Sunday, November 15, 2009

The Stone of Beginnings: The Shetiyyah Stone and Peter the Rock

In one Hebrew creation myth, God began the creation of the world by casting down a stone into the primeval waters and then building up dry land around it. This stone is referred to as the Shetiyyah stone. This tale is somewhat reminiscent of the Egyptian creation story in which the world begins as an earthen mound that emerged from the primeval waters of Nun.

This story makes use of the motif of a foundation stone or mound as the sacred center around which the world is built at the very beginning of creation. A concept found in many cultures, this sacred center is referred to as an
omphalos (Greek), which means “navel,” hearkening back to an old belief that the very first part of a thing (i.e. the world, human bodies, animal bodies, etc) to come into existence was the navel and that all the rest of the thing is then built up around it.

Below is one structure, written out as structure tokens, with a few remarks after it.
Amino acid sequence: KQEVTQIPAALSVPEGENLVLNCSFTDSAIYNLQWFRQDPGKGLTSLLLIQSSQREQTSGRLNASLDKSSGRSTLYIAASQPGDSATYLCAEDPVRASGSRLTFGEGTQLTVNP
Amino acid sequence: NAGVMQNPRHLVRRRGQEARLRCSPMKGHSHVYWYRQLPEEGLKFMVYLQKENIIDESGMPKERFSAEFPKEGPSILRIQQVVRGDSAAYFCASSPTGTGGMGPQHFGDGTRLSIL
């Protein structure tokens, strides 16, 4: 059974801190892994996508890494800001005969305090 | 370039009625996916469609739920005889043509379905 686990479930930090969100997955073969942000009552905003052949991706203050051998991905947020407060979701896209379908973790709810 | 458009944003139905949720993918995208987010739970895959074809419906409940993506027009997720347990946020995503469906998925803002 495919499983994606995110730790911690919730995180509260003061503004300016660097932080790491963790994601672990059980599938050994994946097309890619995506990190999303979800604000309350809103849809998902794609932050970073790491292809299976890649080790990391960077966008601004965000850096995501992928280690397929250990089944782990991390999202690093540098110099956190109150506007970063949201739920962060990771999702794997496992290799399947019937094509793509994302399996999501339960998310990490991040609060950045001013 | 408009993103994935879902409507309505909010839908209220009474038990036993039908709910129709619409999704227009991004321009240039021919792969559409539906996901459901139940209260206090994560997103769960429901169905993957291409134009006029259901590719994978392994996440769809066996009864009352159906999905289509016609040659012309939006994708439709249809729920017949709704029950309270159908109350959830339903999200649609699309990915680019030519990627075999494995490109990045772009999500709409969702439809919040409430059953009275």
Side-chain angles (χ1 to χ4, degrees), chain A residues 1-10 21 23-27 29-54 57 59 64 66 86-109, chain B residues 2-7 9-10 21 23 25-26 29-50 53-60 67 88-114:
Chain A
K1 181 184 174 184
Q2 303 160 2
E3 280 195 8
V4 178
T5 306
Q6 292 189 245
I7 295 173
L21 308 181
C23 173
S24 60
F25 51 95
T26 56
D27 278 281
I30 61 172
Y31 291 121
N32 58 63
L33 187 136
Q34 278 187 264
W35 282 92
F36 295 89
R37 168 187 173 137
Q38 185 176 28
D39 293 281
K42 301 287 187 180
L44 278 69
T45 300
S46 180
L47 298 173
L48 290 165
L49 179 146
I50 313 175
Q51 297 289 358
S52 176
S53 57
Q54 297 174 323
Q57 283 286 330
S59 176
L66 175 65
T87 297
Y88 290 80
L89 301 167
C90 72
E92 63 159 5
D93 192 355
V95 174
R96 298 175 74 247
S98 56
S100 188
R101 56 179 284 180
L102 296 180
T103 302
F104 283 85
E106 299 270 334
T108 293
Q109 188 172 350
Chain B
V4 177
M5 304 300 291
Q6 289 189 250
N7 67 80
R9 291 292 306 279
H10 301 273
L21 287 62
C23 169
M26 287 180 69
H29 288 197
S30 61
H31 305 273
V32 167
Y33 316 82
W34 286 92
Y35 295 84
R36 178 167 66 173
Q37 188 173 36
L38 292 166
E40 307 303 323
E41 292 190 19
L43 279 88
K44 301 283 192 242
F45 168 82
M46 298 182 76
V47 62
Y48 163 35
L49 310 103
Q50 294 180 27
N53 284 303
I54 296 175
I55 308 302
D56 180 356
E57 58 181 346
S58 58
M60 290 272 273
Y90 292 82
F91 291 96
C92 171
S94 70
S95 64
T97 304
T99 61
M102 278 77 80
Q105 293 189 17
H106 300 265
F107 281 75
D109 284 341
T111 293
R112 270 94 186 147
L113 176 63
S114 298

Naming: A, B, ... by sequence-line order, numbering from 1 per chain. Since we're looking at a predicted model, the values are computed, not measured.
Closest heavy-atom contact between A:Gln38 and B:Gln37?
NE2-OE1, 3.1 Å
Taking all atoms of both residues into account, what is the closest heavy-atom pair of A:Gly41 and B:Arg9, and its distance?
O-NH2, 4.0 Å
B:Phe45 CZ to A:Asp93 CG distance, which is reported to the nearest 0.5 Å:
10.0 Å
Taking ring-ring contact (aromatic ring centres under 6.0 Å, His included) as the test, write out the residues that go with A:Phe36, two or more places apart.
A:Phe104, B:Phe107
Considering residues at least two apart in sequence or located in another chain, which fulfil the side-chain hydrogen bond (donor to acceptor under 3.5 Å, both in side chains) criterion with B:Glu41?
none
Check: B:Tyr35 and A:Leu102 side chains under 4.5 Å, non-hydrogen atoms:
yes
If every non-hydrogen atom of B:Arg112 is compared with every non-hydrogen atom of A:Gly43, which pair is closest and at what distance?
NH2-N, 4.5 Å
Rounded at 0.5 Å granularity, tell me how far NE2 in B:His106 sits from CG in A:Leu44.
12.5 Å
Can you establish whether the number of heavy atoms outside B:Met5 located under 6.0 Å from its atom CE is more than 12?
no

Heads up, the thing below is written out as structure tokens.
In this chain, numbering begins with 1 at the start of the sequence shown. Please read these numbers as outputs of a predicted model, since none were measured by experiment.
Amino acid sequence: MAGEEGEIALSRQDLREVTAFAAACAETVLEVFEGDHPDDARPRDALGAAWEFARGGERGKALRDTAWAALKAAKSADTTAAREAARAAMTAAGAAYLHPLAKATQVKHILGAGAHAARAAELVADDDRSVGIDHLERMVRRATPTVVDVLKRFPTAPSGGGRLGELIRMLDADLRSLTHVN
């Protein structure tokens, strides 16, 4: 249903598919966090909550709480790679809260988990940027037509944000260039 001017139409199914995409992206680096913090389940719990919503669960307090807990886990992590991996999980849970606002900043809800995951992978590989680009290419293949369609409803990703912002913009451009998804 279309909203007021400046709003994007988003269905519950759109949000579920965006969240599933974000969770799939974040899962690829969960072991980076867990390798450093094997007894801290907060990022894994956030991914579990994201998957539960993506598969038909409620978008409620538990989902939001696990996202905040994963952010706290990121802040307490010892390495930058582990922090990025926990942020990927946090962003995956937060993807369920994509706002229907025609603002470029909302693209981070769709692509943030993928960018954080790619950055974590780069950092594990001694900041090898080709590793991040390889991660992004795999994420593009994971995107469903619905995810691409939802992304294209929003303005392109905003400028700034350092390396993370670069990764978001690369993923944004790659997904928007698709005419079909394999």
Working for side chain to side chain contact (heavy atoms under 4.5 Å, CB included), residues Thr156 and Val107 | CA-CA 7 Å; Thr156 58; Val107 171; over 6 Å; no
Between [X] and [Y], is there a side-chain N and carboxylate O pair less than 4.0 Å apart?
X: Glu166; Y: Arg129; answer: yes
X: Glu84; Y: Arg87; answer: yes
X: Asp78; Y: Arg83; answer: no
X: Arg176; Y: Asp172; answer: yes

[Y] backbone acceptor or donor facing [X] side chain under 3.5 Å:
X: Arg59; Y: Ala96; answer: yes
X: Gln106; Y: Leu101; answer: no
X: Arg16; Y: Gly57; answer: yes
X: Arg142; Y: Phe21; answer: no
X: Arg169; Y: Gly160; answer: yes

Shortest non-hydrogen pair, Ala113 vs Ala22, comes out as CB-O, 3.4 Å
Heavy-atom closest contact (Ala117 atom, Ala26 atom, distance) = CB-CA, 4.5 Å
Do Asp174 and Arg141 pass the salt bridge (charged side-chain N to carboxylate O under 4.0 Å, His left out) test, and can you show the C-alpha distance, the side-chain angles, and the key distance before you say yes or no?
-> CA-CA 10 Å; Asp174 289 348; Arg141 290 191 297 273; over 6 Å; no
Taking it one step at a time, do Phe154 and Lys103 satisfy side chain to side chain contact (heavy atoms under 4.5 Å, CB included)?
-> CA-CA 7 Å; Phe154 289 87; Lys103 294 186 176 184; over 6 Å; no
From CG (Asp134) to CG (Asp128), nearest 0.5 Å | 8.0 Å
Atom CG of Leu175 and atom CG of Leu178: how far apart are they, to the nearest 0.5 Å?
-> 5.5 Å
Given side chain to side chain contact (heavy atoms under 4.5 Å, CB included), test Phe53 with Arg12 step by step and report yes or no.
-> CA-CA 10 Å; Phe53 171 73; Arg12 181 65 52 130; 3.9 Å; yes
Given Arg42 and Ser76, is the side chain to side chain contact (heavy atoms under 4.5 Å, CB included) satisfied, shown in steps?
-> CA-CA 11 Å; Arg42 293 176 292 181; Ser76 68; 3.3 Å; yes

Roughly 3000 years ago the holiest structure in Judaism, the Jerusalem temple, was built upon Mount Moriah, with the Shetiyyah stone marking the temple’s most sacred precinct—the Holy of Holies. This indicates that the site of the stone, a flat rocky outcropping atop Mount Moriah, was the sacred center of the Hebrew nation both politically and spiritually. Some of Israel’s most important national myths were rooted there: it was thought to be the place where Abraham, ever obedient to God’s command, intended to sacrifice his son Isaac. It was said to be the place where Jacob dreamed of the ladder that ascended to heaven, with angels ascending and descending. It was believed that the Shetiyyah stone was the boundary that separated the Underworld—the Abyss, the Tehom, place of primeval waters—from the surface world. Not only a boundary, it was a “stopper” which held back those primal waters from flooding the land (as they had during Noah's time), and also was a gateway to that realm.